Tag Archive - system


Trying Harder Won’t Fix Your Church

Conventional wisdom tells us that when things get difficult we just need to work harder, work smarter or somehow upgrade the quality of our work. But what do you do when trying harder doesn’t work? It may that it’s time for you to stop doing the same old thing with more effort with more efficiency or more quality. It might be time for you to stop trying harder and try different. It’s time to try something entirely new.

#1 New Vision

Vision answers the question, “Where are we going?” It’s simply the “next hill” that you’re taking. It’s the ability to understand the times, know the right direction to move, and involve and inspire people to go there with you. The problem with vision is that it needs to be refreshed every 3-5 years. Because once you’ve taken the hill you have to identify the next hill, or the church loses momentum and get’s stuck.

#2 New Structures

Your church is perfectly structured to get the results you’re getting right now. However it’s not uncommon that a church outgrows a structure that served you well in a particular season and size. That same structure can become a lid to future growth. As a church grows the need to restructure can occur multiple times in the life of a church. The way the church board is structured, the way the staff team is structured, the polity of a church, and the structure of the church budget can all become lids to growth if they don’t change over time as the church changes. Don’t like the results you’re getting? It might be time to build a new structure.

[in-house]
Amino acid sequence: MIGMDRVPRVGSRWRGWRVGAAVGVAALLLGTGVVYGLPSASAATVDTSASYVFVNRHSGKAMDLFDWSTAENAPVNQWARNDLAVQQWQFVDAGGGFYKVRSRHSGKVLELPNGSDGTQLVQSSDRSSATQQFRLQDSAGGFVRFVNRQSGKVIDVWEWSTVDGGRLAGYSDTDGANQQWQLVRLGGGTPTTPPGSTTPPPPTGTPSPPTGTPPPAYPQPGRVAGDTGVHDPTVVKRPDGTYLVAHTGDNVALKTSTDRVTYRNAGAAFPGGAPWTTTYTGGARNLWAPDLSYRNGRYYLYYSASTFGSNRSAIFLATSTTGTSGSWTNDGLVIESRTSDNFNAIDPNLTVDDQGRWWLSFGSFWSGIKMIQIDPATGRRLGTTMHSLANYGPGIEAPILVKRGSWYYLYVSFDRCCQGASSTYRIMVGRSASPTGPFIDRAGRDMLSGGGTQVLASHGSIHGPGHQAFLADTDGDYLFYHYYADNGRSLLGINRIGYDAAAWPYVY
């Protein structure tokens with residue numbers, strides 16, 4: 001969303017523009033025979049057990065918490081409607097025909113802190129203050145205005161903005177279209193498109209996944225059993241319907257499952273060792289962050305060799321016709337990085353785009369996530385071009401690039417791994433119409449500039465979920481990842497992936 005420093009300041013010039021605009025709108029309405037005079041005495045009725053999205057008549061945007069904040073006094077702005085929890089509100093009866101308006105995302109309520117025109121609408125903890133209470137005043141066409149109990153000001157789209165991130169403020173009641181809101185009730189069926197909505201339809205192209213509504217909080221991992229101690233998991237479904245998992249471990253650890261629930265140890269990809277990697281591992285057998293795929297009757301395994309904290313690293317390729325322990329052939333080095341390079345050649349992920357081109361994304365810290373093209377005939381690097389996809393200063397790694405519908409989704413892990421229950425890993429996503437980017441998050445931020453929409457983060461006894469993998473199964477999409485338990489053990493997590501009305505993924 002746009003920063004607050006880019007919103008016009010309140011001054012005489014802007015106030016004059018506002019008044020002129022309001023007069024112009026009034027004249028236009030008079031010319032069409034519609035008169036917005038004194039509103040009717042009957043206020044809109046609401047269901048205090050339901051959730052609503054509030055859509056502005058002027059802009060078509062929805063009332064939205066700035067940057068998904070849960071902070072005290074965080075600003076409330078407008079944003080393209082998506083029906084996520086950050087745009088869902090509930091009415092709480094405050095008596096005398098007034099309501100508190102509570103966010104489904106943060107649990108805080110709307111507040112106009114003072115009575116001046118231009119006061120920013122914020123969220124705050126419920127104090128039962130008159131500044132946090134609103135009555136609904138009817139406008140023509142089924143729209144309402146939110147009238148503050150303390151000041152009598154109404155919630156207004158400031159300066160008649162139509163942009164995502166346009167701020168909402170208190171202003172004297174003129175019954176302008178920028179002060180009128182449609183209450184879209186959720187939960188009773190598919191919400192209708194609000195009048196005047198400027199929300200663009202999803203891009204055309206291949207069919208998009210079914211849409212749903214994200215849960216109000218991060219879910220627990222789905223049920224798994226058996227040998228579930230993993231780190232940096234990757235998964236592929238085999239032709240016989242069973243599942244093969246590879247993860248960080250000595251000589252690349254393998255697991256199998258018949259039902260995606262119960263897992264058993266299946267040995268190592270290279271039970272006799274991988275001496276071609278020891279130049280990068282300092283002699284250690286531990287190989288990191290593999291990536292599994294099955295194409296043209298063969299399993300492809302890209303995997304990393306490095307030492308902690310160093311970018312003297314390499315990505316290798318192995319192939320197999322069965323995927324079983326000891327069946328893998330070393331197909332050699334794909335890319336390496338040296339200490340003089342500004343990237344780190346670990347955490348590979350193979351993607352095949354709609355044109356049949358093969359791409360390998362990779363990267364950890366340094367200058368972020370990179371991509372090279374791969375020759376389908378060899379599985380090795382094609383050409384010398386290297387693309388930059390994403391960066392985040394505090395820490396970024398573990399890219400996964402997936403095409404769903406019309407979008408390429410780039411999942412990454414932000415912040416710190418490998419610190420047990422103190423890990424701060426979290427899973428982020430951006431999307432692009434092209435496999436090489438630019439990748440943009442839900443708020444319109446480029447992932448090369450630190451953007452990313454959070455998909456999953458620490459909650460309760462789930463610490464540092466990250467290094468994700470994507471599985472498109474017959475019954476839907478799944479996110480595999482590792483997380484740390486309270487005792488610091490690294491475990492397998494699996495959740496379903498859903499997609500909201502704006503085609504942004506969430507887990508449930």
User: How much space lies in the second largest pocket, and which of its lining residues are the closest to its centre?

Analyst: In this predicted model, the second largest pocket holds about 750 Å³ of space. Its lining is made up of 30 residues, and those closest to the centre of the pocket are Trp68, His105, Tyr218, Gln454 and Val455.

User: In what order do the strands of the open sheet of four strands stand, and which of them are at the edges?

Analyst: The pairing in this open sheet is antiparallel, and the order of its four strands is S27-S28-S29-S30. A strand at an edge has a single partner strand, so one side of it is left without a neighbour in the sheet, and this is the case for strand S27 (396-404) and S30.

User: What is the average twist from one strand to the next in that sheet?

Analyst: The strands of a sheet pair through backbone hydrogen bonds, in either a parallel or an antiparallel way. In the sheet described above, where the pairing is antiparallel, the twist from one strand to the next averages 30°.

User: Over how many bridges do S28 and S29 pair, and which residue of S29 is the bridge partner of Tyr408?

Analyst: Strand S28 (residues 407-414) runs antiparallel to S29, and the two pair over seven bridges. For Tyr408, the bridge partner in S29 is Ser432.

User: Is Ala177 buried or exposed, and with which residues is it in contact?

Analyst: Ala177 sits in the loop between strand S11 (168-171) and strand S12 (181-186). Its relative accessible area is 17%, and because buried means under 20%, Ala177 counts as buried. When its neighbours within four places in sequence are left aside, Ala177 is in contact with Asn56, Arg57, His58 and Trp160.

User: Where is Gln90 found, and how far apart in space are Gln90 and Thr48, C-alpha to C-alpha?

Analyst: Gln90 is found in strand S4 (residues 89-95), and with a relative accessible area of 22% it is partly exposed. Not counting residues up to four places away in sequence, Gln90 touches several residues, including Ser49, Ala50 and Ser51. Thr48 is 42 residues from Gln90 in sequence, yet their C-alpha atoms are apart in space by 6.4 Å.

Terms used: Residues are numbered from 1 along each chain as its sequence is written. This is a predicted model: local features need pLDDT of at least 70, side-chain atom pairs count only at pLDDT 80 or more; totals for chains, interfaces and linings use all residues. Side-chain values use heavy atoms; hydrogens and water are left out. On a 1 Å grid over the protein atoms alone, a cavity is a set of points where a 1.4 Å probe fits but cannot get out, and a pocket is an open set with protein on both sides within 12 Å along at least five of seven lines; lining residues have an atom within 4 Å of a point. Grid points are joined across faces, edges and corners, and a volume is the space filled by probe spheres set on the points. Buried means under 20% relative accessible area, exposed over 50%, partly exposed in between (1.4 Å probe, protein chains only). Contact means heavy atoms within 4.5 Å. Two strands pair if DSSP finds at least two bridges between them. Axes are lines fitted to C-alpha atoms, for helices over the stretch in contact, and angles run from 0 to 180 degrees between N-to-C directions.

#3 New Systems

Systems help us answer the question, “How are we going to reproduce this?” It could be reproducing disciples, leaders, church plants, new multisite campuses, or a consistent weekend worship experience at your church. Systems are made up of complex independent parts working together to perform a function (for example think skeletal system or solar system). For our purposes building a system is the art of connecting the Core Values, Structures, Strategies, Goals, and Vision to work in alignment that builds a culture that leans towards fulfilling the Mission. It may be the reason your church has become stuck is that you’ve outgrown some of your systems.

#4 New Voices